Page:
After a quick breakfast, we were in the SUV and headed for Arthurs Pass, and what I am told is a very reliable location to find Kea’s, an unusual Alpine Parrot. Along the way, I saw Australian Magpies, Rooks, one very beautiful New Zealand Falcon, and several Australian Harriers. Once we got to the pass, there is a small alpine style village, with a few restaurants, and a D.O.C. (Department of Conservation) visitors center. This beautiful high mountain area, yielded Chaffinches, Silvereyes, European Blackbird, Lessor Redpoll, South Island Robin, and several Fantails. We traveled the last few kilometers up to the top of the pass, to the area, that is one of the most reliable areas to track down the Keas. While it is a truly amazing view, I walked all over the mountain top and the Keas just never appeared. The clouds were moving in, and a light drizzle started to fall. I headed back down the mountain to the parking area at the overlook, where my traveling companions were waiting patiently. Just before I go to the car, I heard the crazy squawking that could only be parrots. Looking up at the top of the high voltage power line poles, there they were. Hiding in plain sight were four Keas. Now, if they would just come down from the top of that 150-foot-high power pole. 30 minutes later, nothing doing. In fact, it looked like they were snugging up there, waiting for me to leave. So, I did.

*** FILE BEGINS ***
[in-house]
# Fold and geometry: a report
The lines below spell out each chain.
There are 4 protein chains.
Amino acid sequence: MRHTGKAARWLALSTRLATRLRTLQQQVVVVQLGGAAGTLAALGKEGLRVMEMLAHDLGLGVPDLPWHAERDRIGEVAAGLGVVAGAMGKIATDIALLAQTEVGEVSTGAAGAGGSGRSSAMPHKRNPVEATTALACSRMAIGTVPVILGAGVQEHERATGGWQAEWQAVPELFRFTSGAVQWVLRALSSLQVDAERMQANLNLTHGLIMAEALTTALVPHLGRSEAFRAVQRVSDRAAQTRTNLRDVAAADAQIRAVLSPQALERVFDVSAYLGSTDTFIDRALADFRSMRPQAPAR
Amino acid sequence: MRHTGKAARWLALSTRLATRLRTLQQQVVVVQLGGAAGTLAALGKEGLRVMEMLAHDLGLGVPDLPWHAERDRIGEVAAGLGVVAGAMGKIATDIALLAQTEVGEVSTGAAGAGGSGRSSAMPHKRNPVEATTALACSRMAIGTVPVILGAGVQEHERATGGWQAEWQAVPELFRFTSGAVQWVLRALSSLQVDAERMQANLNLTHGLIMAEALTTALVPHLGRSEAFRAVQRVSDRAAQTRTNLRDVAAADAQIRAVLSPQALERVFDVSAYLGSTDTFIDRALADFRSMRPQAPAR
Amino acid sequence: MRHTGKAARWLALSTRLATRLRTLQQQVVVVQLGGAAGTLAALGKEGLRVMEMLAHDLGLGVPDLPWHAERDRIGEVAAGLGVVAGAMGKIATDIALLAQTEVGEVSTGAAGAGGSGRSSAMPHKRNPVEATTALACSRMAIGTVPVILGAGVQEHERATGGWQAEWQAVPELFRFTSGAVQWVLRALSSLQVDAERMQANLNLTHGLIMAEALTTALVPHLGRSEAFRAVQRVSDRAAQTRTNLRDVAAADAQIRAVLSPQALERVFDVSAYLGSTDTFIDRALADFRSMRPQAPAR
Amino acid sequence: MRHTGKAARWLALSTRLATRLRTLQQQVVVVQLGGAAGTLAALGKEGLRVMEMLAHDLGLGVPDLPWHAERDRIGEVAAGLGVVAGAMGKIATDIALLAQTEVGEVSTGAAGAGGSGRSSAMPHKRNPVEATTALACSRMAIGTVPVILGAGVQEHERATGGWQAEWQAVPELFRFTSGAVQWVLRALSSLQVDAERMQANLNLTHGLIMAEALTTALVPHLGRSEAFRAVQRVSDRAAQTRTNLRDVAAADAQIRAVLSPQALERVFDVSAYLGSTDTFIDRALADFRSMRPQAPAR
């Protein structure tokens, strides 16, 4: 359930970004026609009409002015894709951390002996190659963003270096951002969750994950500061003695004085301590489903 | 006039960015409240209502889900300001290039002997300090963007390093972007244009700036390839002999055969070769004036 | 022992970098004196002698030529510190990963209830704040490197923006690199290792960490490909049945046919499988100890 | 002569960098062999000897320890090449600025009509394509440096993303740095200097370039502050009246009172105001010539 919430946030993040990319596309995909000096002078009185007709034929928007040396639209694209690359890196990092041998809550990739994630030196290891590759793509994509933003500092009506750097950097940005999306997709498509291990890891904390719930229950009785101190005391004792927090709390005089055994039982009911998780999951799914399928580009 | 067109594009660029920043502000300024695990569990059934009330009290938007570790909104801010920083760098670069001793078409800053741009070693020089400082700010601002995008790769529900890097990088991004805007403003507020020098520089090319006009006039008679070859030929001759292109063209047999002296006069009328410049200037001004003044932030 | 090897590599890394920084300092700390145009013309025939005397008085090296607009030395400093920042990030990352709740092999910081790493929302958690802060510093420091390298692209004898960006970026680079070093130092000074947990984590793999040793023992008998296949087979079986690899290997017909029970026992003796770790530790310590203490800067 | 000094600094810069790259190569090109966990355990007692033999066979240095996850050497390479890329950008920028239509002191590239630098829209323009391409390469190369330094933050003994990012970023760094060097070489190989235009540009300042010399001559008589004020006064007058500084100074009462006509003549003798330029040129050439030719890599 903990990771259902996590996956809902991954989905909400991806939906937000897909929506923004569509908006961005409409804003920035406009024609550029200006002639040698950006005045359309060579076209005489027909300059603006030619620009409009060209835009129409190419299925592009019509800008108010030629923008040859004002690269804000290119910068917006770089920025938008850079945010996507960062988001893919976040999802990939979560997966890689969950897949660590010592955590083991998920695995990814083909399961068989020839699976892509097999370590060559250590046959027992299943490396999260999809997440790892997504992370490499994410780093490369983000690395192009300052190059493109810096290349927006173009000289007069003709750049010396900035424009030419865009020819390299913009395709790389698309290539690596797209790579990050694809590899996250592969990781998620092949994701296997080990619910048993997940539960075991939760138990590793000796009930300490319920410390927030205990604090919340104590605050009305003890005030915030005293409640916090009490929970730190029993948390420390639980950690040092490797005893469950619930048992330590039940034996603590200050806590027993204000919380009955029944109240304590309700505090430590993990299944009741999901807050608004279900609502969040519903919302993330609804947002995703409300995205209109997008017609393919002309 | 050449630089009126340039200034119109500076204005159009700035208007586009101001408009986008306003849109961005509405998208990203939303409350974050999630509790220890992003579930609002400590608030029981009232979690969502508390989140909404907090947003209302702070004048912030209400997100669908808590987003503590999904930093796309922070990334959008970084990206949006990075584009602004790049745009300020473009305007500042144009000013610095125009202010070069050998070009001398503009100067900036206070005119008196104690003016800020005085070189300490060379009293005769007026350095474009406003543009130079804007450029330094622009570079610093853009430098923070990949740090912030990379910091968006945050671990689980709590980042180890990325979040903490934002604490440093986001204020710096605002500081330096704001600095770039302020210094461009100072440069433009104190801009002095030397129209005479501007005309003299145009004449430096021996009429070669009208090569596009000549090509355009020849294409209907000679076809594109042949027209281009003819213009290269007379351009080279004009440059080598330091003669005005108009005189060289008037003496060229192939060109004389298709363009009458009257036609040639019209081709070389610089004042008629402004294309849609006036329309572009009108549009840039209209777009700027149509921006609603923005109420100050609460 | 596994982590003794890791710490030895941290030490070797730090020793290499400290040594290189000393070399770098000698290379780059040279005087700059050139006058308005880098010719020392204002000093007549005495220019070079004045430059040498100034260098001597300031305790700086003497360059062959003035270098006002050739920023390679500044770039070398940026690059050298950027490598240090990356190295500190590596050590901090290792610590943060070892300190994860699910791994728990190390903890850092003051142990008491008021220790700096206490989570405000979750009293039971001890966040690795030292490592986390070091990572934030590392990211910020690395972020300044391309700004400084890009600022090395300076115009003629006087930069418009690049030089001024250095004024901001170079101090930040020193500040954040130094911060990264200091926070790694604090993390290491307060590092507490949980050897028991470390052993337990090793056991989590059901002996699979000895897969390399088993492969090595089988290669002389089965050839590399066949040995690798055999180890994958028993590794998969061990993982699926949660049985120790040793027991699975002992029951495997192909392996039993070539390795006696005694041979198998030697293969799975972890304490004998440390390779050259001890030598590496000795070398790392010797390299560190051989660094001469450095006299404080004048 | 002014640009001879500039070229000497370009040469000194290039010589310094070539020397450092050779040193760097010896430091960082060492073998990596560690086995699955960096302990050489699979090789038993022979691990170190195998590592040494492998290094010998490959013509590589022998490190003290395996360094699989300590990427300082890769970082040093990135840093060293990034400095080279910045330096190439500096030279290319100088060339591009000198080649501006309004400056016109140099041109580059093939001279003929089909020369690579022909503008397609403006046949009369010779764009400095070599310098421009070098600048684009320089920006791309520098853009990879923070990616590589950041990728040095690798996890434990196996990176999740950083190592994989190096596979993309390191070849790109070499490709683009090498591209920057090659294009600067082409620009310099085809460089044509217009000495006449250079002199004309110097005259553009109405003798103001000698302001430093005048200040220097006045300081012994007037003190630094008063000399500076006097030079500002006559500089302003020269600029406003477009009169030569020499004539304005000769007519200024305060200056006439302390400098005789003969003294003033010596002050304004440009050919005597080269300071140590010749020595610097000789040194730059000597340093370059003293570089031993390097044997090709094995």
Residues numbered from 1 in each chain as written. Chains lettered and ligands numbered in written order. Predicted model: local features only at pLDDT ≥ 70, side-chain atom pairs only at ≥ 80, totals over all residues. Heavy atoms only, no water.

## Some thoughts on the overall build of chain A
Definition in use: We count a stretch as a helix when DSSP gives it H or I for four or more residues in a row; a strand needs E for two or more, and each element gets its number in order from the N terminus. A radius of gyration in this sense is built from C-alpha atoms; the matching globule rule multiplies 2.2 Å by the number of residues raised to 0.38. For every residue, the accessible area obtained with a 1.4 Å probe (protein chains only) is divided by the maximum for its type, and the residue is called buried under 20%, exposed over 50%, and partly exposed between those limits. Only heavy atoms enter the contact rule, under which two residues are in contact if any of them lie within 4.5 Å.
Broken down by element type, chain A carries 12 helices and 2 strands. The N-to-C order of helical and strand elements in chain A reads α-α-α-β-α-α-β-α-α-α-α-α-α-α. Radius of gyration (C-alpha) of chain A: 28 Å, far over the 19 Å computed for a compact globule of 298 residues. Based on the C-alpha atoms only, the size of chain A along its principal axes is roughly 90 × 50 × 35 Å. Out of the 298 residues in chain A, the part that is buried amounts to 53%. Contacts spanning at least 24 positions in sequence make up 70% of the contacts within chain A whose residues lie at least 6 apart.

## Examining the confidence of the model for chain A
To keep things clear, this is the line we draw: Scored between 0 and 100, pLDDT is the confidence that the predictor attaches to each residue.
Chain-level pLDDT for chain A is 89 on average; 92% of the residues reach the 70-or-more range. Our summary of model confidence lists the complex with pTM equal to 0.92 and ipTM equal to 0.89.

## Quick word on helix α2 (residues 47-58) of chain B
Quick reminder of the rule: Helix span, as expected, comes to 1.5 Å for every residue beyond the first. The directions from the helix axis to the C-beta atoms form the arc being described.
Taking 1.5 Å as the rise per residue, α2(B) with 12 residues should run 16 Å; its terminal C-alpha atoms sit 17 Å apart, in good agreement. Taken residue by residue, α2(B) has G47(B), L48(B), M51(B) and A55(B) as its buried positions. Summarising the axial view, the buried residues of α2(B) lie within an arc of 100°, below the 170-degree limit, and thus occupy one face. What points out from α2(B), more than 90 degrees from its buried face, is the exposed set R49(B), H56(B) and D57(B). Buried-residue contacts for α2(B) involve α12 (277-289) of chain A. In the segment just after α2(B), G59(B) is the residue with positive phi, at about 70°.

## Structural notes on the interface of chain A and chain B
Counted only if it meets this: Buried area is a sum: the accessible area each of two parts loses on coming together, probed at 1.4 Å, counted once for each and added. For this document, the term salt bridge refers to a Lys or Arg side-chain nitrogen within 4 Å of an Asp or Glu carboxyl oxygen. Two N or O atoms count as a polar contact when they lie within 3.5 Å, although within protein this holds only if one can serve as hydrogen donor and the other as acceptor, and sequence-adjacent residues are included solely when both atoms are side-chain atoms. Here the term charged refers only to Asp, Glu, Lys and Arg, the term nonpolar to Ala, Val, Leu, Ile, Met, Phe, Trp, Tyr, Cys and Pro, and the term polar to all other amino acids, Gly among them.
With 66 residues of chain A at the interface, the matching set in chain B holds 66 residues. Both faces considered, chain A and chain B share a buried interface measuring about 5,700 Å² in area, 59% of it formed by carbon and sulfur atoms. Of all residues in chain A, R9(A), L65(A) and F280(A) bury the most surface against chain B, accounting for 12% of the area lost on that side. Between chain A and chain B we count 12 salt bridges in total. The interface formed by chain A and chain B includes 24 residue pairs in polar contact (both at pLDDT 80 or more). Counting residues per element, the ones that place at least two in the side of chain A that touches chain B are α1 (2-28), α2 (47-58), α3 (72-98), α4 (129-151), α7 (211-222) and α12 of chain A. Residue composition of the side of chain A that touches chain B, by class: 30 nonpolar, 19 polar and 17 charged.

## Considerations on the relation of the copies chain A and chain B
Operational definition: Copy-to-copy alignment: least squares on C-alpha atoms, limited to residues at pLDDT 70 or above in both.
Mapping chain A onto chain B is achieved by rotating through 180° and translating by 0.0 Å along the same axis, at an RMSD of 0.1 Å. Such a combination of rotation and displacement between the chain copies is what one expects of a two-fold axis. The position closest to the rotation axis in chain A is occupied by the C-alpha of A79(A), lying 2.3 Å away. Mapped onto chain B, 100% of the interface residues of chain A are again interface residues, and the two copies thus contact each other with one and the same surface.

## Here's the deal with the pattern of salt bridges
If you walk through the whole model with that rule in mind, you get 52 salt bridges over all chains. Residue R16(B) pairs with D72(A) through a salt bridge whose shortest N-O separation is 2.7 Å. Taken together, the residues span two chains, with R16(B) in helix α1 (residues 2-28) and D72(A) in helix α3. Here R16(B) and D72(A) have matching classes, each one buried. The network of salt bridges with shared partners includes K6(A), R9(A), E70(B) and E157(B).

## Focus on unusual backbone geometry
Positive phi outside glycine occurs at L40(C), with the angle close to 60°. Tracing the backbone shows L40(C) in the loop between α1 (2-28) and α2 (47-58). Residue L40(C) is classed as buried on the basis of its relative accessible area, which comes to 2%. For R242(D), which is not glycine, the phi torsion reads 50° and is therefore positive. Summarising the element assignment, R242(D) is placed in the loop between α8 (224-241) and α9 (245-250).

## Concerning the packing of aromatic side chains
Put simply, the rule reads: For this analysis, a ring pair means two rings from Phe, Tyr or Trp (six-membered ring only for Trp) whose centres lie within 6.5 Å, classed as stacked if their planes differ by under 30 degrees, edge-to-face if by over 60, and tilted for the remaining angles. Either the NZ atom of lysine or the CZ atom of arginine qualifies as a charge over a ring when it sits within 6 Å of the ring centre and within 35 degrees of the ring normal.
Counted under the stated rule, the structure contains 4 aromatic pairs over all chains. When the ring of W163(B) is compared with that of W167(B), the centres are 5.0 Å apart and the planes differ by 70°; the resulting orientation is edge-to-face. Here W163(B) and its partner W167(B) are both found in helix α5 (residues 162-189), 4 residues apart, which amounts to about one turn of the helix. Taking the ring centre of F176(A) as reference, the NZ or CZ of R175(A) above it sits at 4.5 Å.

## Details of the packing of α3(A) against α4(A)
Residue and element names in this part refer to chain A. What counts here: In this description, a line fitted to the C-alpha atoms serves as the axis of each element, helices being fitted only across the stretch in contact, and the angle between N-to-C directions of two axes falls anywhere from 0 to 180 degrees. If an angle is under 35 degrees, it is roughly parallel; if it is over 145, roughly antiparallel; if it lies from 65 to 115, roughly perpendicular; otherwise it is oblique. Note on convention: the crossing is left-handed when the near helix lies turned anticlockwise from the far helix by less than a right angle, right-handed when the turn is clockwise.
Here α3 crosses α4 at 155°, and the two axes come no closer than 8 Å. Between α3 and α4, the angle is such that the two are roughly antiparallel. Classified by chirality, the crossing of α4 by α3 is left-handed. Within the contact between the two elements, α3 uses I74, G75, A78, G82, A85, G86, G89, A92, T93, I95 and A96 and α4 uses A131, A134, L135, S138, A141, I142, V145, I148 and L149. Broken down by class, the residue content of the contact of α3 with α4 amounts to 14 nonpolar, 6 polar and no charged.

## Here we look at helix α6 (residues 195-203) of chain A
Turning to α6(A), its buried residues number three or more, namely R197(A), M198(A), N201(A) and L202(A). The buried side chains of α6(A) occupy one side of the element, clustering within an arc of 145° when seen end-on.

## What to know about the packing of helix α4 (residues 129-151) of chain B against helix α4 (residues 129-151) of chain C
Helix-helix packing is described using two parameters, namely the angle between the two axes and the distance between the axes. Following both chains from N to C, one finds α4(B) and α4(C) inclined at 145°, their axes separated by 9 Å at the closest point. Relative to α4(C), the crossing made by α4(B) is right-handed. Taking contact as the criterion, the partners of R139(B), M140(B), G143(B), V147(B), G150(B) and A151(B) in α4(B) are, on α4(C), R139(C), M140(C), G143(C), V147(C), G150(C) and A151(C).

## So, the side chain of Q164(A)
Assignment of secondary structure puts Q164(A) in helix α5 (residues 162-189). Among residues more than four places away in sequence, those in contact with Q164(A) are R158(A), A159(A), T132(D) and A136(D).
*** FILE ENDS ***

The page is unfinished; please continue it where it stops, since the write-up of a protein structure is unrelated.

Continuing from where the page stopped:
Sitting on the top of the power pole.
Last minute additions to the list came on Sunday. We did a lot of tourist stops, but in the stops, there was a Botanical Garden, two mountain top viewpoints, and drove thru a Water Treatment Plant. This added the Song Thrush, Black Swan Paradise Sheldrake, Yellowhammer, European Goldfinch, Purple Gallinule, New Zealand Scaup, and the New Zealand Pipit.
Here is the New Zealand Pipit.
The European Goldfinch.
My first two half days here in New Zealand turned up 42 species, of which 36 were additions to my Years List, as well as every one of those a new Lifers! For those of you following along, as of today, the year’s list now stands at 238.
Here are few more on the images from the last three days!
This is the New Zealand Robin, South Island subspecies.
This is the Yellowhammer.
The Sacred Kingfisher sitting on a bridge.
and last but not least, The Fantail – Pied subspecies.